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January-February 2015 Personal Remittances Reach US$4.1 Billion


Personal remittances from overseas Filipinos (OFs) amounted to US$2.1 billion in February 2015, an increase of 4.0 percent compared to the same period in 2014. As a result, remittance inflows for the first two months of the year reached US$4.1 billion, posting a year-on-year growth of 2.1 percent, Bangko Sentral ng Pilipinas Officer-in-Charge Nestor A. Espenilla, Jr. announced today.1  For the period January-February 2015, personal remittances from land-based workers with work contracts of one year or more, and migrants’ transfers totaled US$3.1 billion. Meanwhile those from sea-based and land-based workers with work contracts of less than one year aggregated US$1.0 billion.

Cash remittances from OFs coursed through banks summed up to US$1.9 billion in February 2015, higher by 4.2 percent than the level posted a year ago. This brought cash remittances for the first two months of 2015 to US$3.7 billion, representing a 2.4 percent increase relative to the year-ago level. In particular, cash remittances from land-based and sea-based workers rose to US$2.8 billion and US$0.9 billion, respectively.  The bulk of cash remittances came from the United States, Saudi Arabia, the United Arab Emirates, the United Kingdom, Singapore, Japan, Hong Kong, and Canada.2  The slowdown in growth in recent months could be due to base effect as remittances last year were relatively high given higher transfers from overseas Filipinos that were intended for the rehabilitation and rebuilding efforts in Eastern Visayas due to the damage caused by Typhoon Yolanda.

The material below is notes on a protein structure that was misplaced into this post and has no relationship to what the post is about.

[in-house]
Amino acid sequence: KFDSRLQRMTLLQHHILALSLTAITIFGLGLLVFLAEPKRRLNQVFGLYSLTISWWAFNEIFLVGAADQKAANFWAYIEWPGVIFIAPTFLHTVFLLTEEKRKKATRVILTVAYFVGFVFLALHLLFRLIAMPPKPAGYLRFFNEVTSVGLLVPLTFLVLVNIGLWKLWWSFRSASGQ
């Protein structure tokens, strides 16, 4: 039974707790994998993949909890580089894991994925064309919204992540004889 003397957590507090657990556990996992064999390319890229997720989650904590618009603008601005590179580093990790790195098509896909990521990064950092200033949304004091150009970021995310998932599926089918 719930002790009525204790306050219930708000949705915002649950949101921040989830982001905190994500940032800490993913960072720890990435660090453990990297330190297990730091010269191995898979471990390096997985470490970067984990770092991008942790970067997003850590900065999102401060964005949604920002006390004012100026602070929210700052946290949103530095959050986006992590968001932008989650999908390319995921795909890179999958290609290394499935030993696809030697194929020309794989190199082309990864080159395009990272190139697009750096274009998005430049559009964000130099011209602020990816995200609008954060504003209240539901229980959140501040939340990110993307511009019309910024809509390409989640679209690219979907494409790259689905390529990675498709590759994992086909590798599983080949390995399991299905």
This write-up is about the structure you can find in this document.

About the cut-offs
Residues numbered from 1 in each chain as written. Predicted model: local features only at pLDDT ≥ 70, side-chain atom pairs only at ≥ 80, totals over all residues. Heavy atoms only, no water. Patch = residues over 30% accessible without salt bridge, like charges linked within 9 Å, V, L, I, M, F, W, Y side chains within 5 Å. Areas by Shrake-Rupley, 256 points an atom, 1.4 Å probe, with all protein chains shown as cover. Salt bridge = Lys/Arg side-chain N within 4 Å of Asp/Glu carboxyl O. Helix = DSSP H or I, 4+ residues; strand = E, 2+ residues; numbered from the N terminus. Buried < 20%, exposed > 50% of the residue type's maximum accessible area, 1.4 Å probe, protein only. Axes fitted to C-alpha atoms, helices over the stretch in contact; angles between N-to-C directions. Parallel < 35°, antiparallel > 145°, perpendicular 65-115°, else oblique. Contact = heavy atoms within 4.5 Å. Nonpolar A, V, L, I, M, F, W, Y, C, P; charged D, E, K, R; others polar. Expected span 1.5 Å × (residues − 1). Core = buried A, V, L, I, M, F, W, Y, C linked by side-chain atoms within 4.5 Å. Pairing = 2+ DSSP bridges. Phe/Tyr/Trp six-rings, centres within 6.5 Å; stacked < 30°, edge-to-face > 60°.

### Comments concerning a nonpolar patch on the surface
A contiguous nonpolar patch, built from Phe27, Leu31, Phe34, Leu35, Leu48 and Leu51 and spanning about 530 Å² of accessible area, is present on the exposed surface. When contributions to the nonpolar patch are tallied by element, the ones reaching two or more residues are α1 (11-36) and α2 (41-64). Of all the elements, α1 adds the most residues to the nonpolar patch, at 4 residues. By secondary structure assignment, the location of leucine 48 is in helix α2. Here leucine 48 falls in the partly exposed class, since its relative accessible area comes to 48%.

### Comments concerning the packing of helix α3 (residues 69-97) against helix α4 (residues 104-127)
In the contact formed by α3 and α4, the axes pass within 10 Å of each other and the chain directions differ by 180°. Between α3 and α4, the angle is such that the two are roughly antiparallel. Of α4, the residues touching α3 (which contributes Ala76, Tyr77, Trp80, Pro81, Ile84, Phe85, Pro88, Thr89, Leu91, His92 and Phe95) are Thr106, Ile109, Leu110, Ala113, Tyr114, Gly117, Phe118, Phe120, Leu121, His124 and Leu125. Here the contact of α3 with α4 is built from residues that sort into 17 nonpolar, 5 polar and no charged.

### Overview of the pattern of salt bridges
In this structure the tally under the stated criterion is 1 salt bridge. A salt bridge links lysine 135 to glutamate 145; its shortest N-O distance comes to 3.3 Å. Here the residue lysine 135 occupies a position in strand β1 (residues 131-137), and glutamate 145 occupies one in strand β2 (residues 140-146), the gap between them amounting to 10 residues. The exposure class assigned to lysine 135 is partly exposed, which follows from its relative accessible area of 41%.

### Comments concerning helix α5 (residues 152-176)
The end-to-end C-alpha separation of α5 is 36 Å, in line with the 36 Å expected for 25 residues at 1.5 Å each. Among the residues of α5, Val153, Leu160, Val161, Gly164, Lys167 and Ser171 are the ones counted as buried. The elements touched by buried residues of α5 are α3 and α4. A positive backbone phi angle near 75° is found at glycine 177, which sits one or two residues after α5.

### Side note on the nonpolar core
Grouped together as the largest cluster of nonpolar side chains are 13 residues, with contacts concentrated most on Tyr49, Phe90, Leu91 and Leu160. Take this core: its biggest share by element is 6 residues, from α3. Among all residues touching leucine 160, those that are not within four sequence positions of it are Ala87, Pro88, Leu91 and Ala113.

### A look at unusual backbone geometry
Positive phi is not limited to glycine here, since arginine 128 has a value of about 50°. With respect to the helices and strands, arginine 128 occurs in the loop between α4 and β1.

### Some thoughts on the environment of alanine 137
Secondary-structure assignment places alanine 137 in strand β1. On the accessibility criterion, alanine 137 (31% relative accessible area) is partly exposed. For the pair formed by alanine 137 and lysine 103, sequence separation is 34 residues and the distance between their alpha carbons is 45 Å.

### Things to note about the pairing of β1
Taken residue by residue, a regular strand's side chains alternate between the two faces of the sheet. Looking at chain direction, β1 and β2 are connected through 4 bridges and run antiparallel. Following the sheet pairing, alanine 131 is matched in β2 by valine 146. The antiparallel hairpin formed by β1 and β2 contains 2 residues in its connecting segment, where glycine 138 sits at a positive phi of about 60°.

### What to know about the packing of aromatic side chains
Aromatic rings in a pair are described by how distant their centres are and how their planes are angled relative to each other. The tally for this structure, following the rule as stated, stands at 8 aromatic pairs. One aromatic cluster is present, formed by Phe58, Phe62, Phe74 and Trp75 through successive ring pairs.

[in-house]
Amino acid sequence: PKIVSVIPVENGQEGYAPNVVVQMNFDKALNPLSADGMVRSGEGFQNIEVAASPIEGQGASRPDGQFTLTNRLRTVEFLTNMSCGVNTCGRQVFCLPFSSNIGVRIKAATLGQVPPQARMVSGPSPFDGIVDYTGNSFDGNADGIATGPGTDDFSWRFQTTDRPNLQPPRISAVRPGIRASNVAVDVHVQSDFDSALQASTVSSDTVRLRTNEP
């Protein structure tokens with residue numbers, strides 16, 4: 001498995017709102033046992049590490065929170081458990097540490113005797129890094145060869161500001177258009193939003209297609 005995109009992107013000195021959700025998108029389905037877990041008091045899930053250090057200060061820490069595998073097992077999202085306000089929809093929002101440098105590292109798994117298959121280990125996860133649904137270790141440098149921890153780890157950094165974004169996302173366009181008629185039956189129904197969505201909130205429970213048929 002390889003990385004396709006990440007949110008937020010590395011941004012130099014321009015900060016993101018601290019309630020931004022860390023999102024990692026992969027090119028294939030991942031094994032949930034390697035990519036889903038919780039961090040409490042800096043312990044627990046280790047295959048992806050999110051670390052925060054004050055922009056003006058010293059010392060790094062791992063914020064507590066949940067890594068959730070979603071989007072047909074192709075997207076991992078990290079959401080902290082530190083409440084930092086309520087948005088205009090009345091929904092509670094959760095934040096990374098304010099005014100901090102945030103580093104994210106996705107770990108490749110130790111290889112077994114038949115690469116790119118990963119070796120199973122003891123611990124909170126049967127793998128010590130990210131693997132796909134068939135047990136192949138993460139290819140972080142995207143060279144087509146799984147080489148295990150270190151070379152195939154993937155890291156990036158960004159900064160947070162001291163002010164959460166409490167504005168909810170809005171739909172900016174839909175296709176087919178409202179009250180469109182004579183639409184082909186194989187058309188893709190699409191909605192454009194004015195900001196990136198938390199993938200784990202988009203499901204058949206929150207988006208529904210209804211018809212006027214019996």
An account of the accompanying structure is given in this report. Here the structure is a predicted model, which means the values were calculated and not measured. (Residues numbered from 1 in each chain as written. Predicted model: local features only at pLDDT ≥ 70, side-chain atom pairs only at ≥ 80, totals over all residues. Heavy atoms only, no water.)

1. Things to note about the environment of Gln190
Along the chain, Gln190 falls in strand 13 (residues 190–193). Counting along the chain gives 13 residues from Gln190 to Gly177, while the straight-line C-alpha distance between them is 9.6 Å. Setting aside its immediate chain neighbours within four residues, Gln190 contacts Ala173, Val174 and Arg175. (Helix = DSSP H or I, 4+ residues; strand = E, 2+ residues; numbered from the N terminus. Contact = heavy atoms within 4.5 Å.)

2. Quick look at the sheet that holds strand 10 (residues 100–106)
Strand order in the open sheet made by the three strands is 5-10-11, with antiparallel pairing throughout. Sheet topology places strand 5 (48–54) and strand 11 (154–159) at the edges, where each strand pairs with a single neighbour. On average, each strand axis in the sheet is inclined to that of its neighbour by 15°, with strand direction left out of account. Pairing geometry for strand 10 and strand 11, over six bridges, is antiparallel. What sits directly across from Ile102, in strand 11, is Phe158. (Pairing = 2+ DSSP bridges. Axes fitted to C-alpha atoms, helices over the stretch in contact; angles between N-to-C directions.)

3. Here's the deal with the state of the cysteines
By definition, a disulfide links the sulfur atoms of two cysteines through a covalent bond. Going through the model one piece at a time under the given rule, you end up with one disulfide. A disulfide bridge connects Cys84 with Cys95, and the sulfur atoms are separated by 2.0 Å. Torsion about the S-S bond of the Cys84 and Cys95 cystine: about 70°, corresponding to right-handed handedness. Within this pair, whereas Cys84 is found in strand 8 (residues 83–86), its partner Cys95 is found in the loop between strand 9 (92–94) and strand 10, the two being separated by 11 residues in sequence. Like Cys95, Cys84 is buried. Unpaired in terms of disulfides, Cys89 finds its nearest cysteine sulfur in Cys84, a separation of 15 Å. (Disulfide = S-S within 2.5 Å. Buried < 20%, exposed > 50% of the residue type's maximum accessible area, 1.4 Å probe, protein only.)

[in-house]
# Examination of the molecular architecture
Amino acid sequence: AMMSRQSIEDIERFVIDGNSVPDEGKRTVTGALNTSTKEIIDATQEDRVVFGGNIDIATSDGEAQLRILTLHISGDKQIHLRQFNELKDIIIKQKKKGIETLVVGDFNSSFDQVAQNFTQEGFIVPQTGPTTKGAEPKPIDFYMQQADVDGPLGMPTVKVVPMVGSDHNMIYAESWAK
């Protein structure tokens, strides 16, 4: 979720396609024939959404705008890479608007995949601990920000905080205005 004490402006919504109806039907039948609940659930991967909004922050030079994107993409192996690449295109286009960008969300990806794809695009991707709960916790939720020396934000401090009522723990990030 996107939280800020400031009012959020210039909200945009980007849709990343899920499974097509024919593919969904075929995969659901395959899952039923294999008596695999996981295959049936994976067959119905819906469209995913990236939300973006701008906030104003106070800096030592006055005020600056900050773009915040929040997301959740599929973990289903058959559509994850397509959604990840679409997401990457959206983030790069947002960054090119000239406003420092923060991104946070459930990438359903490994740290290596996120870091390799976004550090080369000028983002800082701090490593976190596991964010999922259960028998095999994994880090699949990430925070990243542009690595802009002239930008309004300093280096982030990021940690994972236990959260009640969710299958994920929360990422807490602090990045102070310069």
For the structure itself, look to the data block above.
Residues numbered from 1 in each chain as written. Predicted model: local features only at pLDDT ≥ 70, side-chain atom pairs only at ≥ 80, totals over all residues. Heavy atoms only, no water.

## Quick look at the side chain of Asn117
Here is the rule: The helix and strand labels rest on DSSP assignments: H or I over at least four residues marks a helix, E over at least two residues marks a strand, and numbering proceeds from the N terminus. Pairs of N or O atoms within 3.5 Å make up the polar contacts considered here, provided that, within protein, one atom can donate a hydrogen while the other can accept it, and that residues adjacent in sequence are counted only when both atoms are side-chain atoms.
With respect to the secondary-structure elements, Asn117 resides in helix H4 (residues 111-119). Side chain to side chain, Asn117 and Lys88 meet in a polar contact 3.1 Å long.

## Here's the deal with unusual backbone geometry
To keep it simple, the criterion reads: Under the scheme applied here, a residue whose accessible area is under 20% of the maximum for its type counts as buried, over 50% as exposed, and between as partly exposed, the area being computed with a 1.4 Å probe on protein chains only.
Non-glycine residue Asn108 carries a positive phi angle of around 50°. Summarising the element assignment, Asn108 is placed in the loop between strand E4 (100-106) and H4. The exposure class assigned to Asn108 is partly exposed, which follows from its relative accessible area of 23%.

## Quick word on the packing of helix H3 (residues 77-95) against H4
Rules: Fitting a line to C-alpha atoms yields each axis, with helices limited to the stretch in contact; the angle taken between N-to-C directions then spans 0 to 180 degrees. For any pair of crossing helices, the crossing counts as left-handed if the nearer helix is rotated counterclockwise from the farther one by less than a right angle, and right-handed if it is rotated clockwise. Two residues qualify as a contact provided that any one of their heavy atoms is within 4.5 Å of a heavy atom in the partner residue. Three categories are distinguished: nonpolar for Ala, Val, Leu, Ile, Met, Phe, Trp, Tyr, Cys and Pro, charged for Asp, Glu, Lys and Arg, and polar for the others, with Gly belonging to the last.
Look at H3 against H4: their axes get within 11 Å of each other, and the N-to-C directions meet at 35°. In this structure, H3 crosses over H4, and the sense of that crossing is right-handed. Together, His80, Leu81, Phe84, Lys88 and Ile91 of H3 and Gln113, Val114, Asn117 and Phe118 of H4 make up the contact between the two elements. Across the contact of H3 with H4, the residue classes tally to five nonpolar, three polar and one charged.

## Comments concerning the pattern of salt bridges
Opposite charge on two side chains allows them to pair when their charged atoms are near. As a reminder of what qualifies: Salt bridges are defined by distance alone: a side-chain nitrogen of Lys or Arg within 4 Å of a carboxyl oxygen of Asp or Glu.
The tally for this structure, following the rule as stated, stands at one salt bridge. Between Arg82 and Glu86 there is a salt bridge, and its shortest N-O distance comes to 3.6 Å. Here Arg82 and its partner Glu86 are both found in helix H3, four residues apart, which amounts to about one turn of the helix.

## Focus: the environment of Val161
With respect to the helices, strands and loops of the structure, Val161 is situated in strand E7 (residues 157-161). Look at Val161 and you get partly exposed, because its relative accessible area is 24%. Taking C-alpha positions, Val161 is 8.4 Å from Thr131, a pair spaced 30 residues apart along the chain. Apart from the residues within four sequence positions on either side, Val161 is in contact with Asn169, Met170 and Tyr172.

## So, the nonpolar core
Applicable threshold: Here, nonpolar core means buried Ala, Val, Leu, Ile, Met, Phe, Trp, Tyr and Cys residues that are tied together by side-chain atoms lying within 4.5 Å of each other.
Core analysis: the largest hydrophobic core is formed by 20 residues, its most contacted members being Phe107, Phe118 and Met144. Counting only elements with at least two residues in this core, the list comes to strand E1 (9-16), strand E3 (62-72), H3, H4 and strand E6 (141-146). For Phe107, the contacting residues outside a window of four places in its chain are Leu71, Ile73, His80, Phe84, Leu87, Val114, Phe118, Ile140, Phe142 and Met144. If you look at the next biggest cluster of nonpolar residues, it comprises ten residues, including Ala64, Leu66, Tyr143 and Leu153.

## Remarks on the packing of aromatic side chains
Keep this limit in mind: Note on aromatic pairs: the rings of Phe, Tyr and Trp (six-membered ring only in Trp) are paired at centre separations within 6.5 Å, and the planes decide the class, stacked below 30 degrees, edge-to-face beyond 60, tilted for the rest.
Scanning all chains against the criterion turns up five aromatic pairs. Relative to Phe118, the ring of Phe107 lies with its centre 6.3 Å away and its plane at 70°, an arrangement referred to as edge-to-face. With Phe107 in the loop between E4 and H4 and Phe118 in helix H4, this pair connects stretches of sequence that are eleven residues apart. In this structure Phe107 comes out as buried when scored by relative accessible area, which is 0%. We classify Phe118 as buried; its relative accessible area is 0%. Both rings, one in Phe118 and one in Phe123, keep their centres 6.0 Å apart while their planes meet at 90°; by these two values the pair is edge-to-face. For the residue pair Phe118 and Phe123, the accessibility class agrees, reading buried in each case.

The steady deployment of OF workers remained a key driver in the sustained inflows of remittances. Preliminary data from the Philippine Overseas Employment Administration (POEA) showed that approved job orders reached 164,525 for the period January-February 2015, of which 26.5 percent were processed job orders that were intended mainly for service, production, and professional, technical and related workers in Saudi Arabia, Kuwait, Taiwan, Qatar, and the United Arab Emirates.

Likewise, the continued efforts of banks and non-bank remittance service providers to expand their international and domestic market coverage through tie-ups abroad as well as the introduction of innovations in their remittance products continued to provide support to the steady flow of remittances.


1 The BSP started to release data on personal remittances in June 2012.  As defined in the Balance of Payments Manual, 6th Edition (BPM6), personal remittances represent the sum of net compensation of employees (i.e., gross earnings of overseas Filipino (OF) workers with work contracts of less than one year, including all sea-based workers, less taxes, social contributions, and transportation and travel expenditures in their host countries), personal transfers (i.e., all current transfers in cash or in kind by OF workers with work contracts of one year or more as well as other household-to-household transfers between Filipinos who have migrated abroad and their families in the Philippines), and capital transfers between households (i.e., the provision of resources for capital purposes, such as for construction of residential houses, between resident and non-resident households without anything of economic value being supplied in return).
2 There are some limitations on the remittance data by source. A common practice of remittance centers in various cities abroad is to course remittances through correspondent banks, most of which are located in the U.S. Also remittances coursed through money couriers cannot be disaggregated by actual country source and are lodged under the country where the main offices are located, which, in many cases, is in the U.S. Therefore, the U.S. would show up to be the main sources of OF remittances because banks attribute the origin of funds to the most immediate source.  

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